A speech given by the leader of a Kuki-Zo tribes group based in Canada and originating from Manipur has sparked a significant controversy. The speech was delivered in early August at the same gurdwara in Surrey, Canada, where Chief and Khalistani terrorist Hardeep Singh Nijjar was fatally shot by unidentified individuals in June.
Lien Gangte, who heads the Canada chapter of the North American Manipur Tribal Association (NAMTA), used his speech to strongly condemn what he referred to as “attacks on minorities in India” and called upon Canada for “all possible assistance.”
Initially, NAMTA had posted a video of the event on social media platforms such as Facebook and Twitter (now known as X) on August 7. However, these videos were later removed due to escalating tensions between India and Canada, which followed Prime Minister Justin Trudeau’s recent statement alleging the involvement of “Indian government agents” in the killing of Khalistani terrorist Nijjar.
Mr. Gangte, representing the Kuki-Zo tribes to which he belongs, provided a comprehensive account of the ethnic violence between the hill-majority tribes and the valley-majority Meiteis.
He described the violence, stating, “On May 4, a mob attacked our house and attempted to murder my 80-year-old father. They looted our home and set it ablaze. My elder brother and his family fled with only the clothes on their backs. Manipur has been in turmoil since May 3, with over 120 of our people losing their lives, more than 7,000 homes looted and burnt, hundreds of churches destroyed, and 200 valley villages razed.”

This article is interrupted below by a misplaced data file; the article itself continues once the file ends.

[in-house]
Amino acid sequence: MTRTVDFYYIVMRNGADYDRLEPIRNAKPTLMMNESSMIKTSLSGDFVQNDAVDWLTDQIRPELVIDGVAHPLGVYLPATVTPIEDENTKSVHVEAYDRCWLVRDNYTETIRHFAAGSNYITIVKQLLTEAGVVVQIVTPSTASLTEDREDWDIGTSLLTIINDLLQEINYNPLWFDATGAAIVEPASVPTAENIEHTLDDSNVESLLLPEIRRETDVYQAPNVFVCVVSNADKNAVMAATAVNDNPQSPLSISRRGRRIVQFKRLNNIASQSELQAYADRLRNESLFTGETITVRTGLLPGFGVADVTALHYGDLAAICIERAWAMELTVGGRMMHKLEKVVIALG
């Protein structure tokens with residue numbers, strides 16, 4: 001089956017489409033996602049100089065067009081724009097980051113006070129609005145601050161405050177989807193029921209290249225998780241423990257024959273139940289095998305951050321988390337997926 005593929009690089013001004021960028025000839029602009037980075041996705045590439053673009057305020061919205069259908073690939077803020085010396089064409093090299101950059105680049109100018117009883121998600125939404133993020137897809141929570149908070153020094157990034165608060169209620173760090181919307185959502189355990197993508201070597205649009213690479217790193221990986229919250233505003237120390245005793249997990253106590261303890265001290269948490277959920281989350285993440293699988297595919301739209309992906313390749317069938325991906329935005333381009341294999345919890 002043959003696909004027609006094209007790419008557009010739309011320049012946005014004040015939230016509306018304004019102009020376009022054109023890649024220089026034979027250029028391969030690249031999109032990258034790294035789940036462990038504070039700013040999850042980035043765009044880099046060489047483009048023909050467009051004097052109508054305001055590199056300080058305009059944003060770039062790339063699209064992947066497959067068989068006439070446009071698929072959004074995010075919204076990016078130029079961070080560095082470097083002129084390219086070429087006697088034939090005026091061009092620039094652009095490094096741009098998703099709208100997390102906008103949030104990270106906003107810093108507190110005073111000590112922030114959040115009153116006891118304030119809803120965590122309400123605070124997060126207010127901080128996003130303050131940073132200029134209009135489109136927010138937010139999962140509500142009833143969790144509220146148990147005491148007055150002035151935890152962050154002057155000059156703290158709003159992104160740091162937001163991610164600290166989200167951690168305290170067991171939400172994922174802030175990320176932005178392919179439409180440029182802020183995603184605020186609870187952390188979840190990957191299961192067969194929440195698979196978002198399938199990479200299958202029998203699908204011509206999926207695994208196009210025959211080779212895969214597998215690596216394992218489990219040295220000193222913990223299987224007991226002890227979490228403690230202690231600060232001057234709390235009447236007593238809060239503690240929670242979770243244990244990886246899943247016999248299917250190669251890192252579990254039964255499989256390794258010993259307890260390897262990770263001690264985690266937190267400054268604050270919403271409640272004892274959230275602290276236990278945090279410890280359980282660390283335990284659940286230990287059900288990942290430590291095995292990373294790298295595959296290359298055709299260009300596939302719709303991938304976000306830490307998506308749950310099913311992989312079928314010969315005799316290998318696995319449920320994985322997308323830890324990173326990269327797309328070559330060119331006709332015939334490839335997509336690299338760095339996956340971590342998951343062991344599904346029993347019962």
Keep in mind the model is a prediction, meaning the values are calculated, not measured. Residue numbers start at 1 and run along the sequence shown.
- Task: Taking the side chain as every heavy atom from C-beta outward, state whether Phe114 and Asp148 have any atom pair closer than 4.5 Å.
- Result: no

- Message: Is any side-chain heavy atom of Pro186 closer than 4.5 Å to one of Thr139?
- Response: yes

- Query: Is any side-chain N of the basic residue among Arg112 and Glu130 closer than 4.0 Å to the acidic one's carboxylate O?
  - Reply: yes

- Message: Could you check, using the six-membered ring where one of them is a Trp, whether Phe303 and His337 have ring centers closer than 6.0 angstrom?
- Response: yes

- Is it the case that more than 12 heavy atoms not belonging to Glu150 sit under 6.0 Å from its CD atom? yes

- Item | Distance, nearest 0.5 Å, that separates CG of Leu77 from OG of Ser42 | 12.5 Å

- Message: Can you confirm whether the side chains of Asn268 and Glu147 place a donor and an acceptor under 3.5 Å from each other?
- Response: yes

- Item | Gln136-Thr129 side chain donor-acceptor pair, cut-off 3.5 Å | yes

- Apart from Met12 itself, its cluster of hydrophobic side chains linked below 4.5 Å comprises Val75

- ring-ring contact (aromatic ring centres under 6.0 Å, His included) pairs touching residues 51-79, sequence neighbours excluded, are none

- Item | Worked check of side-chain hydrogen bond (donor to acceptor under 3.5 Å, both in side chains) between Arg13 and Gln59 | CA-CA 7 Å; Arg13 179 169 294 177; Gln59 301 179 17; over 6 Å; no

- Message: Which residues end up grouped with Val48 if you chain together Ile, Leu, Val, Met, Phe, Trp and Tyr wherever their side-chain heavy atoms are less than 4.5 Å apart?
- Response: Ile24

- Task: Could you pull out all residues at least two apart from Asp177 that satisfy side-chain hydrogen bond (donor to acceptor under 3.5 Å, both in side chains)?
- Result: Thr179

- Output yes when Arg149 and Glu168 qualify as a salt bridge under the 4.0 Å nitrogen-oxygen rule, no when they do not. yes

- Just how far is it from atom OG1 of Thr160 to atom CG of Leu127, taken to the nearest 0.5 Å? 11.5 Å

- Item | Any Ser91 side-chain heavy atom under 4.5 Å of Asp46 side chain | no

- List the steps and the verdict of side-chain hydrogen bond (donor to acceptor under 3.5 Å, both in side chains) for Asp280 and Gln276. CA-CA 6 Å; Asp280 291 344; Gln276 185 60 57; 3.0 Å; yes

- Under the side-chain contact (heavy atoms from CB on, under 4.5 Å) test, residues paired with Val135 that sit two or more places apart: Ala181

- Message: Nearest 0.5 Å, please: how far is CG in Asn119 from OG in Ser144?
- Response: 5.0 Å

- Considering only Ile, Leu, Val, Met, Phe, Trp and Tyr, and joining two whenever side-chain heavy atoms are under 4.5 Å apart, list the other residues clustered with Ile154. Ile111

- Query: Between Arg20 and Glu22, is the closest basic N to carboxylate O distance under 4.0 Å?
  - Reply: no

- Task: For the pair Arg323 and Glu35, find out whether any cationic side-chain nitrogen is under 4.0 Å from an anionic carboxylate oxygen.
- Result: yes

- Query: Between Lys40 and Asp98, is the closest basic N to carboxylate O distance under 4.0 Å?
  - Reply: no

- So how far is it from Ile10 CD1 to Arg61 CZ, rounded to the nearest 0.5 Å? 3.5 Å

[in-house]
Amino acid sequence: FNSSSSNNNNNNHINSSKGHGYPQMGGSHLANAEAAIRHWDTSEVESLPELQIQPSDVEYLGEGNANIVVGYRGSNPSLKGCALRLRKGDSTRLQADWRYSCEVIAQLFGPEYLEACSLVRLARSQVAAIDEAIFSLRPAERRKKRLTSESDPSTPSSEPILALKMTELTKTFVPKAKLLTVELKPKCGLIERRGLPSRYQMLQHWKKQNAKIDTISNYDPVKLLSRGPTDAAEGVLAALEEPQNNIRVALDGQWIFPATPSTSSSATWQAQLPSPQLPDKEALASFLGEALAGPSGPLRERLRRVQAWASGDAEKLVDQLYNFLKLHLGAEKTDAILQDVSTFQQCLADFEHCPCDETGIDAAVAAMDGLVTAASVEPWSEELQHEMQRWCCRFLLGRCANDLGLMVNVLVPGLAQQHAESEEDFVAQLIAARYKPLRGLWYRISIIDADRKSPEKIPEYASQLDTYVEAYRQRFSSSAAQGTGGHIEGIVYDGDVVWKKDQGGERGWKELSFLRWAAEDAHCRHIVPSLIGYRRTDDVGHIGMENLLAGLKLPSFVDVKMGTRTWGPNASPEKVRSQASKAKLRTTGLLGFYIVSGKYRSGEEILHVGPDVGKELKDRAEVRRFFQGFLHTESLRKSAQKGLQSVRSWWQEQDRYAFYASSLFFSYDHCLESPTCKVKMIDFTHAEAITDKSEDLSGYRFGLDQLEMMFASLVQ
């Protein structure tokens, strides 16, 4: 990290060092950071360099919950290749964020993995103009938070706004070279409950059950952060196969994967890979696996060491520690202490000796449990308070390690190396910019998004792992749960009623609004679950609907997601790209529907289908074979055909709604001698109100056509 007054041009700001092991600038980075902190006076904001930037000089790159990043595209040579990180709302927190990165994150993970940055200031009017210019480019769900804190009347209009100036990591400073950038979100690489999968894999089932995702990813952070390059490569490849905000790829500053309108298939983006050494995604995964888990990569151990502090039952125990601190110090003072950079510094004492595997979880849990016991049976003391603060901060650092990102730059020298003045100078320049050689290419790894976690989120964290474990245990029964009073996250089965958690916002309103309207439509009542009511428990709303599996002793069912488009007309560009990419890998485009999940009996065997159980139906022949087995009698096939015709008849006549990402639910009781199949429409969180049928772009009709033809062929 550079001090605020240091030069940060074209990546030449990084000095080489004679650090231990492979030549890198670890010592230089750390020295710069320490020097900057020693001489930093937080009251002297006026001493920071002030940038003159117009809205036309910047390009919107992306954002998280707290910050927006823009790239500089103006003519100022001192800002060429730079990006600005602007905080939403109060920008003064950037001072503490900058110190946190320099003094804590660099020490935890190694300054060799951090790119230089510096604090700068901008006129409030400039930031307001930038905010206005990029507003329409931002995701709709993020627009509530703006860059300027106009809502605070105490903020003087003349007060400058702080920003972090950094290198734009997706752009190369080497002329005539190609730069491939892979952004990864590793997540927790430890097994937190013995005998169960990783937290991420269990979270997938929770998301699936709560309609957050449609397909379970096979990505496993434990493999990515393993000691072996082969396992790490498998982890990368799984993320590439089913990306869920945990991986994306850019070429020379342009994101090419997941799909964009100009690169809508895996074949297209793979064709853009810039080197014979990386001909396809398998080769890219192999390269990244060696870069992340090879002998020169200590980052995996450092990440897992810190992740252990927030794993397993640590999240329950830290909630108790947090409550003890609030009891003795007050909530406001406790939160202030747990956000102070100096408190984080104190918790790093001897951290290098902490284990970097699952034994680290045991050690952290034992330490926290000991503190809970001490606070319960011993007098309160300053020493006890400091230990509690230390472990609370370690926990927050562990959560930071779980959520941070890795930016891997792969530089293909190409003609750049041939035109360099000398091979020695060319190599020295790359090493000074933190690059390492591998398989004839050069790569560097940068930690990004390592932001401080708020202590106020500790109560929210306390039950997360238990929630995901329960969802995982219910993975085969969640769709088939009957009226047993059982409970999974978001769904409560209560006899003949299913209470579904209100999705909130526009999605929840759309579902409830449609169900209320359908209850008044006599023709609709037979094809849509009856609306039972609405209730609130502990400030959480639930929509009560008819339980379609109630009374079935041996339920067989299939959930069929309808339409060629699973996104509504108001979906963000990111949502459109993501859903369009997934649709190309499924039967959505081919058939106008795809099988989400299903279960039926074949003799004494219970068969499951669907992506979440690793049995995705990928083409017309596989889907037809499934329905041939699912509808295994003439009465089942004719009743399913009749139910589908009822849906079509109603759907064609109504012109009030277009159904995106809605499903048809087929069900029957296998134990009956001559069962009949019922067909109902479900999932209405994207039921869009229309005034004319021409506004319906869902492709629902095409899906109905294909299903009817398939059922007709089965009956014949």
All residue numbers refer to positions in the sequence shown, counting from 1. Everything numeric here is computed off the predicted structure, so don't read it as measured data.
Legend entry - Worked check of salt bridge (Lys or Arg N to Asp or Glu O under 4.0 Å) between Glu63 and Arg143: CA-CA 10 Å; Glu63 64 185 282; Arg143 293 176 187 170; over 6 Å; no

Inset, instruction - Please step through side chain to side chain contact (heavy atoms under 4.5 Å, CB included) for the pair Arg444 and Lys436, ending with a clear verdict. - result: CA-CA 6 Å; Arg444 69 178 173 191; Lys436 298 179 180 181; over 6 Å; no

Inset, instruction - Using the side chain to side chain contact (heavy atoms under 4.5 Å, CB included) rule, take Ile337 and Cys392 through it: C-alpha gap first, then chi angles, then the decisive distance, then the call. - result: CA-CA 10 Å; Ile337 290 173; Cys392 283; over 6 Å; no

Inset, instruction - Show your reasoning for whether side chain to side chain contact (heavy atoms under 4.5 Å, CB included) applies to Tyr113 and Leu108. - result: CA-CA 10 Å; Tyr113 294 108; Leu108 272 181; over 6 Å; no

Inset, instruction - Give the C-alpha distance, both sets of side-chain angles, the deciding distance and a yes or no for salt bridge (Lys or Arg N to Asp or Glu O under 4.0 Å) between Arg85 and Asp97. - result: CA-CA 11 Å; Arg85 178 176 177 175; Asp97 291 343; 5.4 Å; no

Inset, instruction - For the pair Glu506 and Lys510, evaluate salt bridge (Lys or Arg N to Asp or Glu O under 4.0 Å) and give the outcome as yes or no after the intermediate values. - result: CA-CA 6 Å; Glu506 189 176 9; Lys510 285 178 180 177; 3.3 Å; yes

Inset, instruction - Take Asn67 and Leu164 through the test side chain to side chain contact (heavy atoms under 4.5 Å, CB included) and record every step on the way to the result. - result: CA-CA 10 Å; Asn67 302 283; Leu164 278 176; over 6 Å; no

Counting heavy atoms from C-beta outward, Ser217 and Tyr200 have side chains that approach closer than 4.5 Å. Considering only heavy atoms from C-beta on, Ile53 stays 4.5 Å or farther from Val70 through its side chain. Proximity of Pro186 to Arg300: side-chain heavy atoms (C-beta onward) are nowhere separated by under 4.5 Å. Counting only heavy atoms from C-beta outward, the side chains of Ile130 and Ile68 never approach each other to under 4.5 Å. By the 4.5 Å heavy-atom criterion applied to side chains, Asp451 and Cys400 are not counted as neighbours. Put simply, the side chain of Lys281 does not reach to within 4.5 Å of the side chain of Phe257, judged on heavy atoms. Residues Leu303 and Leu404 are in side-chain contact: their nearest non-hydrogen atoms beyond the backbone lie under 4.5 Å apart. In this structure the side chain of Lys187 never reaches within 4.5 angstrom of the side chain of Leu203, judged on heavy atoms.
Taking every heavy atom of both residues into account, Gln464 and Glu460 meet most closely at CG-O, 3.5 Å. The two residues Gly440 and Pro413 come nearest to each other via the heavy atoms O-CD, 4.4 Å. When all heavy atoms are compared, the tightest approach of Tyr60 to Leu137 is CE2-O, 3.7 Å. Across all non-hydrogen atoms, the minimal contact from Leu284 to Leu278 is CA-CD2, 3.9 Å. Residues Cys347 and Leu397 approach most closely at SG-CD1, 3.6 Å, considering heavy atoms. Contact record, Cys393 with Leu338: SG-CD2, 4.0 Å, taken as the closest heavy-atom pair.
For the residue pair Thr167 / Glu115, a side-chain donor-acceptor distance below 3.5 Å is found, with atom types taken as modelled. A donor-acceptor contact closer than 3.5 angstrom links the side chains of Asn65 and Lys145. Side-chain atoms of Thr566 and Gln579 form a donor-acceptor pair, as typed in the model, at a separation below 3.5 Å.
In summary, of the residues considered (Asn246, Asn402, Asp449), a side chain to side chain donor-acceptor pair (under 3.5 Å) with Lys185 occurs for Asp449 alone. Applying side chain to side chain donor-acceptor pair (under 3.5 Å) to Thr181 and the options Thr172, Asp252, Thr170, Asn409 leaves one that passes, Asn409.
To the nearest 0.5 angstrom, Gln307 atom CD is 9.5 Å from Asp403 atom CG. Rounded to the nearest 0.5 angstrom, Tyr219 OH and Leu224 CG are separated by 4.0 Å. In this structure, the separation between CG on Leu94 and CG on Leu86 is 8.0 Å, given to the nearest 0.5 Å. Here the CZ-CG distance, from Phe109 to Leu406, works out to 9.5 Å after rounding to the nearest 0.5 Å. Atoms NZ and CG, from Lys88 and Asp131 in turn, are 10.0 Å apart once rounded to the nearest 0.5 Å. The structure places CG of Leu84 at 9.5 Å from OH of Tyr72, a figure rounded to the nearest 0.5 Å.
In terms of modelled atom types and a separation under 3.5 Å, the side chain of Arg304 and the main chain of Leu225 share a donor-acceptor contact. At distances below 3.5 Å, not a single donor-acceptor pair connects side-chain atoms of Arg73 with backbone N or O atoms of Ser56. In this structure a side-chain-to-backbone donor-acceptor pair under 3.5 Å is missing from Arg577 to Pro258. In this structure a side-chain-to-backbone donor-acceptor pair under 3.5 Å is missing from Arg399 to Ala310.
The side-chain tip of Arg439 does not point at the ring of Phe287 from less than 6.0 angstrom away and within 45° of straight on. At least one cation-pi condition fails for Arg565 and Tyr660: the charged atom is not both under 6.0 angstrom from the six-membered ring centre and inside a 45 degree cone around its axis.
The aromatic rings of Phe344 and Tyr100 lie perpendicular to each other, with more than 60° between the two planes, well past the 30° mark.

Mr. Gangte alleged that the authorities had failed to take adequate measures to control the violence, and instead, the Manipur Police seemed to encourage the rioters. He characterized these events as ethnic cleansing and recounted a tragic incident in which a seven-year-old boy, his mother, and a relative were burned alive in an ambulance. He criticized the absence of Prime Minister Narendra Modi during these crises, emphasizing the necessity for Canada’s assistance and condemning attacks on minorities in India.
According to The Times of India, unnamed officials reported that India’s intelligence agencies have been closely monitoring NAMTA’s activities and examining the alleged connections between the Kuki-Zo group and Khalistani elements.
Following Mr. Gangte’s speech, a meeting was reportedly held by NAMTA members and supporters of Khalistani terrorist Nijjar, which has raised concerns among intelligence agencies, as reported by First Post, citing unnamed intelligence sources.
Sources within the Manipur government acknowledged their awareness of NAMTA’s activities in Canada and expressed confidence in the monitoring efforts of intelligence agencies. They underscored their commitment to restoring peace and normalcy in Manipur amid the ongoing crisis.
A Kuki-Zo communications professional, who has closely followed the Manipur crisis, asserted that the controversy surrounding the NAMTA video has been exaggerated, and critics are attempting to fabricate a conspiracy that does not exist. This professional emphasized that the video had been publicly available since early August, and issues only surfaced in the context of the Canada-India dispute related to Nijjar’s death.
The ethnic violence in Manipur, which began on May 3, has resulted in over 180 casualties and is attributed to tensions between the Kuki tribes and the Meiteis, primarily stemming from the Meiteis’ demand for Scheduled Tribes category status. Thousands have been displaced and are currently residing in relief camps and prefabricated houses.